By Carl Howe
There was lots of iPhone news last week, what with the Version 1.1.1 software update and the many hacked phones that no longer operate with the new update. There have been some reports of completely unmodified iPhones becoming inoperable after the update; fortunately, it appears that Apple (NASDAQ:AAPL) Geniuses have methods that may be able to fix such phones fairly quickly.
Both Robert (my son) and I were fortunate in that we had no issues with the upgrade. I was careful, however, to take all the rest of my USB devices off the USB bus and connected my iPhone directly to my PowerBook during the update. My Powerbook only runs USB 1.0, and I have noticed timeouts in the past because of that's bus's slow (12 MBps) speed. But connected directly with no other devices competing, it all worked like a champ.
All that said, demand for iPhones continues unabated, and Apple has responded to the out of stock conditions at its stores earlier this week. As you can see in the map above, Apple restocked all its stores for this coming last selling weekend of its fiscal year. Only the Tice's Corner Apple store in Woodcliff Lake, NJ is reporting out of stock on iPhones, and the Staten Island store is closed for renovation this weekend. But that still leaves 167 Apple Stores available for your iPhone shopping convenience, in addition to the online Apple store (and the Apple refurb store).
Reader Tim McGuire passed on what I think are some very interesting comments collected from numerous blogs regarding the iPhones selling out recently. As we noted earlier in the week, some of recent demand appears to be from entrepreneurial gray marketers, who are buying phones for unlocked resale or export. I won't post all of them, but thought some of these commenters added interesting color to the story:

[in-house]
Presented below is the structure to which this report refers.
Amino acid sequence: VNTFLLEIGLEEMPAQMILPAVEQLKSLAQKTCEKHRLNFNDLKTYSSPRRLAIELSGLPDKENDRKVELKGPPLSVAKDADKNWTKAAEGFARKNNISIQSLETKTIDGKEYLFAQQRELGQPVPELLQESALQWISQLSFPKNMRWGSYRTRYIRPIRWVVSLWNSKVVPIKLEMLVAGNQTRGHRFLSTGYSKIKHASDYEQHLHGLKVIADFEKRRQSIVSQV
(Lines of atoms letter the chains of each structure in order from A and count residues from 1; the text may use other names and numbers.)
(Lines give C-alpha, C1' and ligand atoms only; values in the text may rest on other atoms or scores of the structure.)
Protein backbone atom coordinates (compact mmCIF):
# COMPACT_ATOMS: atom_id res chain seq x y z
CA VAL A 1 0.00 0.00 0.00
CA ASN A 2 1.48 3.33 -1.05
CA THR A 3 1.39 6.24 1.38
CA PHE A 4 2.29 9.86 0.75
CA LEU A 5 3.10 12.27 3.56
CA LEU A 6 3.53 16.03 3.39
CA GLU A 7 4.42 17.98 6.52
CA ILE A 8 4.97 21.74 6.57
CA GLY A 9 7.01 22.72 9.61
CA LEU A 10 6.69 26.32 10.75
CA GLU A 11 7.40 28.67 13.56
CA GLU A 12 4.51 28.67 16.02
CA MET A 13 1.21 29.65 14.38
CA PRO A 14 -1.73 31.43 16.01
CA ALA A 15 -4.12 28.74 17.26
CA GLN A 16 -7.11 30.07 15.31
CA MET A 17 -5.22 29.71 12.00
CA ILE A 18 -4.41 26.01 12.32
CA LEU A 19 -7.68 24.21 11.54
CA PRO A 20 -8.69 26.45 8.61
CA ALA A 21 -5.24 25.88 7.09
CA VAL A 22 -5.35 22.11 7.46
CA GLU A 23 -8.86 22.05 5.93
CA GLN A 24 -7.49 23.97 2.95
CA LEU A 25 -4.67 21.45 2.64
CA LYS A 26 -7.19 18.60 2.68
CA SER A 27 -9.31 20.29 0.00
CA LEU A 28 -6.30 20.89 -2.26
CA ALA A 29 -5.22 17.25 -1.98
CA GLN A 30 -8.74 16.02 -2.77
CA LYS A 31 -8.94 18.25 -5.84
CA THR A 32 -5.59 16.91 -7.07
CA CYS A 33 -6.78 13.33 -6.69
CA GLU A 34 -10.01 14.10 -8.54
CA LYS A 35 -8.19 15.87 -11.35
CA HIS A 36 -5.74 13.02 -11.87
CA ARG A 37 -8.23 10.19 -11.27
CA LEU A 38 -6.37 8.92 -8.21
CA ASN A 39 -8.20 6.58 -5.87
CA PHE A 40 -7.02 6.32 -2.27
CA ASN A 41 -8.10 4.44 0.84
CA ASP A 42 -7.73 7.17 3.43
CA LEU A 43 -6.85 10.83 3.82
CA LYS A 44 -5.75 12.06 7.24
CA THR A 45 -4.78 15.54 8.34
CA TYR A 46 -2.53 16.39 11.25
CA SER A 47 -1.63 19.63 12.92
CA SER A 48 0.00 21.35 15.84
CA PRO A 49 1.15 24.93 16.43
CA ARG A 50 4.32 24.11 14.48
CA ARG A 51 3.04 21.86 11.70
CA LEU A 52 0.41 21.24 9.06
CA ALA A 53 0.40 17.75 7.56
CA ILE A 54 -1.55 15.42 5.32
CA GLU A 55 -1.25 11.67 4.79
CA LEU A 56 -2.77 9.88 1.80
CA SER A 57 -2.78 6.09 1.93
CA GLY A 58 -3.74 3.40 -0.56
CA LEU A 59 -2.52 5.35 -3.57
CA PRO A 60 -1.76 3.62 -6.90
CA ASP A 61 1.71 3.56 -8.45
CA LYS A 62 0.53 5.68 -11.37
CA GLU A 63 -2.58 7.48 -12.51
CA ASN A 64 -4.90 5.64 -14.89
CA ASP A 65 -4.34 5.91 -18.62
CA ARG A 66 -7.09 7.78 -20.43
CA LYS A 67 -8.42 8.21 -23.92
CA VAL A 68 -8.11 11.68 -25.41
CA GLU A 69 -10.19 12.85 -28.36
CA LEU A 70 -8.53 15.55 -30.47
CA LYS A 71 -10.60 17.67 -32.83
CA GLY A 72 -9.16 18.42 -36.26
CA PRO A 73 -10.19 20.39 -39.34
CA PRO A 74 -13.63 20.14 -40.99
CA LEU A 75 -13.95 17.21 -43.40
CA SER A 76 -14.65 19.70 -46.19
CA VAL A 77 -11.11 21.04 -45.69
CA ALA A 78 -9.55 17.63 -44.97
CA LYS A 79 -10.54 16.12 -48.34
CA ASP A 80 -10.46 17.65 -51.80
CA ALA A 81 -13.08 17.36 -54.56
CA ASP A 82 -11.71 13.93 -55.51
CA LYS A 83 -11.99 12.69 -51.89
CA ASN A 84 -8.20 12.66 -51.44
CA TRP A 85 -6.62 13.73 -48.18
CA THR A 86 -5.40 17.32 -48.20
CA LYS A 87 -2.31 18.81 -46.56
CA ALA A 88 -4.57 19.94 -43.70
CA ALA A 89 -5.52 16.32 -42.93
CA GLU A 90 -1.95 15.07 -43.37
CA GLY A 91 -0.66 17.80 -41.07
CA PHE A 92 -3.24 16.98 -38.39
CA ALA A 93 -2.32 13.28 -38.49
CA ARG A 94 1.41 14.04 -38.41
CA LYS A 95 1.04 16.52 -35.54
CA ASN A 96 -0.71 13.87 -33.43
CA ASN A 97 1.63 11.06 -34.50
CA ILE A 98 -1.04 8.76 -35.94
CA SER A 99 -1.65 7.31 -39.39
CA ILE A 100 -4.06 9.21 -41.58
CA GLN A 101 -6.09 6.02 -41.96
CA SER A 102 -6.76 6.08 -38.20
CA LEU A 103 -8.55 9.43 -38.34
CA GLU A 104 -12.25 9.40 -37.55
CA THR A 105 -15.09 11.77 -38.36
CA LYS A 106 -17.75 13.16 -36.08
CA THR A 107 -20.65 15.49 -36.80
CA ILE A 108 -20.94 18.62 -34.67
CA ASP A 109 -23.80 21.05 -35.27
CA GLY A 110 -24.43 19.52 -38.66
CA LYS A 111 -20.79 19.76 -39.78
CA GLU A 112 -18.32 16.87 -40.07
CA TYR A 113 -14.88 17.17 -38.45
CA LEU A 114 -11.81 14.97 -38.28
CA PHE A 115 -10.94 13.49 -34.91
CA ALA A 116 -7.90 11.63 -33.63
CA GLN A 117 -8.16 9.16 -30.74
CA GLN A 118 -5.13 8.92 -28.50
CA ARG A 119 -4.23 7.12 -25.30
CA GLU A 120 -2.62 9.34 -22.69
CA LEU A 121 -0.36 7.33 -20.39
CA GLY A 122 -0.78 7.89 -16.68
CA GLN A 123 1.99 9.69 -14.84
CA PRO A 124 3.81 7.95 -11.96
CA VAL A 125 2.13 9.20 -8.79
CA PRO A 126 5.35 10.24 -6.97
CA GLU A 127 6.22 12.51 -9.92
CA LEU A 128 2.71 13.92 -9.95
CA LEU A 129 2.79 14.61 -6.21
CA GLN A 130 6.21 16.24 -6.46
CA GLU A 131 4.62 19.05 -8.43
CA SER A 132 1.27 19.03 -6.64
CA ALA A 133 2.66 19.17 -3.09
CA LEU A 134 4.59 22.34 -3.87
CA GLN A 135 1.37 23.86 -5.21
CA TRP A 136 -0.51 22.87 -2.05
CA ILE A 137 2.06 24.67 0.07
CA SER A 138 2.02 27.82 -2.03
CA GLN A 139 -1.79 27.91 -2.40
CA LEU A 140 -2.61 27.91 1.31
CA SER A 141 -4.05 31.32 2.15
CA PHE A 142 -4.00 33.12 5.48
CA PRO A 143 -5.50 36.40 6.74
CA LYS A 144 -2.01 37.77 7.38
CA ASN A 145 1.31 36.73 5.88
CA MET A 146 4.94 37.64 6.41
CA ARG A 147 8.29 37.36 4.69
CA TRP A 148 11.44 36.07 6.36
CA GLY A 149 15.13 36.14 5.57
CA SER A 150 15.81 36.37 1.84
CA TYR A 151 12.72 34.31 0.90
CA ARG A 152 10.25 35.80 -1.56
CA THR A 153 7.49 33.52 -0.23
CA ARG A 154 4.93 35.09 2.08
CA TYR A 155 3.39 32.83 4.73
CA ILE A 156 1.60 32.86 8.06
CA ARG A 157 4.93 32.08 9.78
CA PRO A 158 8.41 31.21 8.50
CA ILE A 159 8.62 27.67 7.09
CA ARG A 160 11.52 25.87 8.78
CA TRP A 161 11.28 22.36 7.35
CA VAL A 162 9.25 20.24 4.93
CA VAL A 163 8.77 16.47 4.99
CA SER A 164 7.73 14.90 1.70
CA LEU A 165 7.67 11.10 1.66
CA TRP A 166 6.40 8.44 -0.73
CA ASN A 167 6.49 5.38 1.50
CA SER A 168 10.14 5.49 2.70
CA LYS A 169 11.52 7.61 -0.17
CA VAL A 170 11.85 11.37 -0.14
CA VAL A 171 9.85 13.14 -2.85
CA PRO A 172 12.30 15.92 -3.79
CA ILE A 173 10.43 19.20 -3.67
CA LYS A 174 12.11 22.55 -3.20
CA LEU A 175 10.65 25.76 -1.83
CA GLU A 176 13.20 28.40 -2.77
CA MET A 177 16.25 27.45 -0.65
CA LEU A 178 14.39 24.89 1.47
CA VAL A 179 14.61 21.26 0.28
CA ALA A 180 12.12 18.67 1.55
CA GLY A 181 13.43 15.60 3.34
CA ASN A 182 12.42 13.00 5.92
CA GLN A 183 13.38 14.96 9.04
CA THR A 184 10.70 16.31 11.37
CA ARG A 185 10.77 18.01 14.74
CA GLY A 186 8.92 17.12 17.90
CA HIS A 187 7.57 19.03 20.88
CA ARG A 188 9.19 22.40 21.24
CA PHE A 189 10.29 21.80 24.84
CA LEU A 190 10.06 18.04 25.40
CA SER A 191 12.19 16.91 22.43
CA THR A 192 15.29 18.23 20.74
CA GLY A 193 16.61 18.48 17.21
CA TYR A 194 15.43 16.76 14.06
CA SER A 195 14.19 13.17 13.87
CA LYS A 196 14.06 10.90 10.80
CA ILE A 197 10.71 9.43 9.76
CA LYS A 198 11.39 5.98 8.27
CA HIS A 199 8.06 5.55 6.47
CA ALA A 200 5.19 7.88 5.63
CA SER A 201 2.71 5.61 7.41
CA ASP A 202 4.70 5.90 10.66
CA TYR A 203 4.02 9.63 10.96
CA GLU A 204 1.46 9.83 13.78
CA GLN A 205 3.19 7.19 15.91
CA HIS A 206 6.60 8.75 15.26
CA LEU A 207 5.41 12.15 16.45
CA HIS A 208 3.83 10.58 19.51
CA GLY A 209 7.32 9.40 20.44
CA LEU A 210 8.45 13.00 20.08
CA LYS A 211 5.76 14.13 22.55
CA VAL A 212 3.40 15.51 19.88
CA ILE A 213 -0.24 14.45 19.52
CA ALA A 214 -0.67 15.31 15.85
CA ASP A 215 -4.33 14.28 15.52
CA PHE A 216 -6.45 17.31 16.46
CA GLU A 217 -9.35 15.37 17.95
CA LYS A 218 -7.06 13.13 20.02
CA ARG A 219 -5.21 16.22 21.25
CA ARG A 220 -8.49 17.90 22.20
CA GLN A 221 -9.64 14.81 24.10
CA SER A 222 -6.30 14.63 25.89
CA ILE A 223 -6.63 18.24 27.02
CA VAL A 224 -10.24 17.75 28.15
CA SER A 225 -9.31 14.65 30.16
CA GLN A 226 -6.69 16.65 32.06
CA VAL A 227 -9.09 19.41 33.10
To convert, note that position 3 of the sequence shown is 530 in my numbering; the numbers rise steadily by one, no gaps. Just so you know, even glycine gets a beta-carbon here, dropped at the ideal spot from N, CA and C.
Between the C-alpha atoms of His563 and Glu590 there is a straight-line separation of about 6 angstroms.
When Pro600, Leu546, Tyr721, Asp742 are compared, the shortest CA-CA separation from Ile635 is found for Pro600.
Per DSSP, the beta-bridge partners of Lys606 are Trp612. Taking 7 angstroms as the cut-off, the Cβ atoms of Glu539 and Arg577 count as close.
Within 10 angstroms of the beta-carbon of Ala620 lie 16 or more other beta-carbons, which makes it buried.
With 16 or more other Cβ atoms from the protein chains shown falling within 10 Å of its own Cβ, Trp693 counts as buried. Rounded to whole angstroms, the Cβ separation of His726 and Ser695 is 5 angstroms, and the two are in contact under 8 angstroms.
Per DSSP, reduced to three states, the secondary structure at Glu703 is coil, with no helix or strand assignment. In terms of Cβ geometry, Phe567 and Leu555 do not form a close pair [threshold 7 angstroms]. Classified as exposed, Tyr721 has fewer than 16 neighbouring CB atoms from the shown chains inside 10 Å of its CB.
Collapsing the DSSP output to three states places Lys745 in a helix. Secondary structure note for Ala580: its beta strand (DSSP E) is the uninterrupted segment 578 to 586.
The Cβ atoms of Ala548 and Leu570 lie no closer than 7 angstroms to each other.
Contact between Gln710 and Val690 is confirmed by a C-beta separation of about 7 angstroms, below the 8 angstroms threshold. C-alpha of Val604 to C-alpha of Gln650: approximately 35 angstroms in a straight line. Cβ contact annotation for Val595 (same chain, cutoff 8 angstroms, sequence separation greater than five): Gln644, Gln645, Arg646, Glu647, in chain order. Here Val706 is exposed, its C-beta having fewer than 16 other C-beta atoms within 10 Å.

I was at the Apple Store Fifth Avenue last night. And, there were about 30 Indians or Asians from near-Indian. And, they were buying up 5 iPhones apeice repeatedly IN-CASH! They also kept trying to buy Gift cards in the exact amount of what 5 iPhones would cost (but they were not allowed by the Apple Employees who told them to tell their 'party' that no more Gift Cards will be sold. If they wanted to buy iPhones, they'd have to pay cash or credit card.)
Now, I know these guys were definitely going to mod their iPhones and either sell them locally or export them. They were buying over 200 units in cash!
So that's where a lot of units are going certainly. But iPhone arbitrage is only a piece of the Apple demand puzzle. Overall, it appears that Apple stores are continuing to be very crowded just because of consumer demand. Tim pointed me at an article over at IfoAppleStore.com noting that while the number of Apple Stores has been climbing rapidly, so has the average number of visitors to each store spiked around the holiday shopping seasons the last few years. You can see the effects for 2005 and 2006 in the following graph:
[Graphic courtesy of ifoAppleStore.com]
We don't have the third quarter data from Apple yet, but given the iPhone launch, I expect a sharp spike up for calendar Q3 and for the average to set a new high for calendar Q4.
And what about all those iPhones that are being bought with cash and unlocked? They are providing a nice, tidy third-party business for gray market exporters and software developers while Apple and its partners orchestrate the iPhone's launch internationally. Yes, Apple is going to do what it can to put the unlocking software vendors out of business, simply because its carrier contracts require it make its best efforts to honor their exclusive deals. But what software can do, other software can undo. And when prospective iPhone buyers in other countries are willing to spend thousands of dollars to get one and supply in those countries is limited to the gray market, someone will find a way to fulfill those customers. Meanwhile, Apple will just keep making and selling more iPhones -- regardless of where they end up.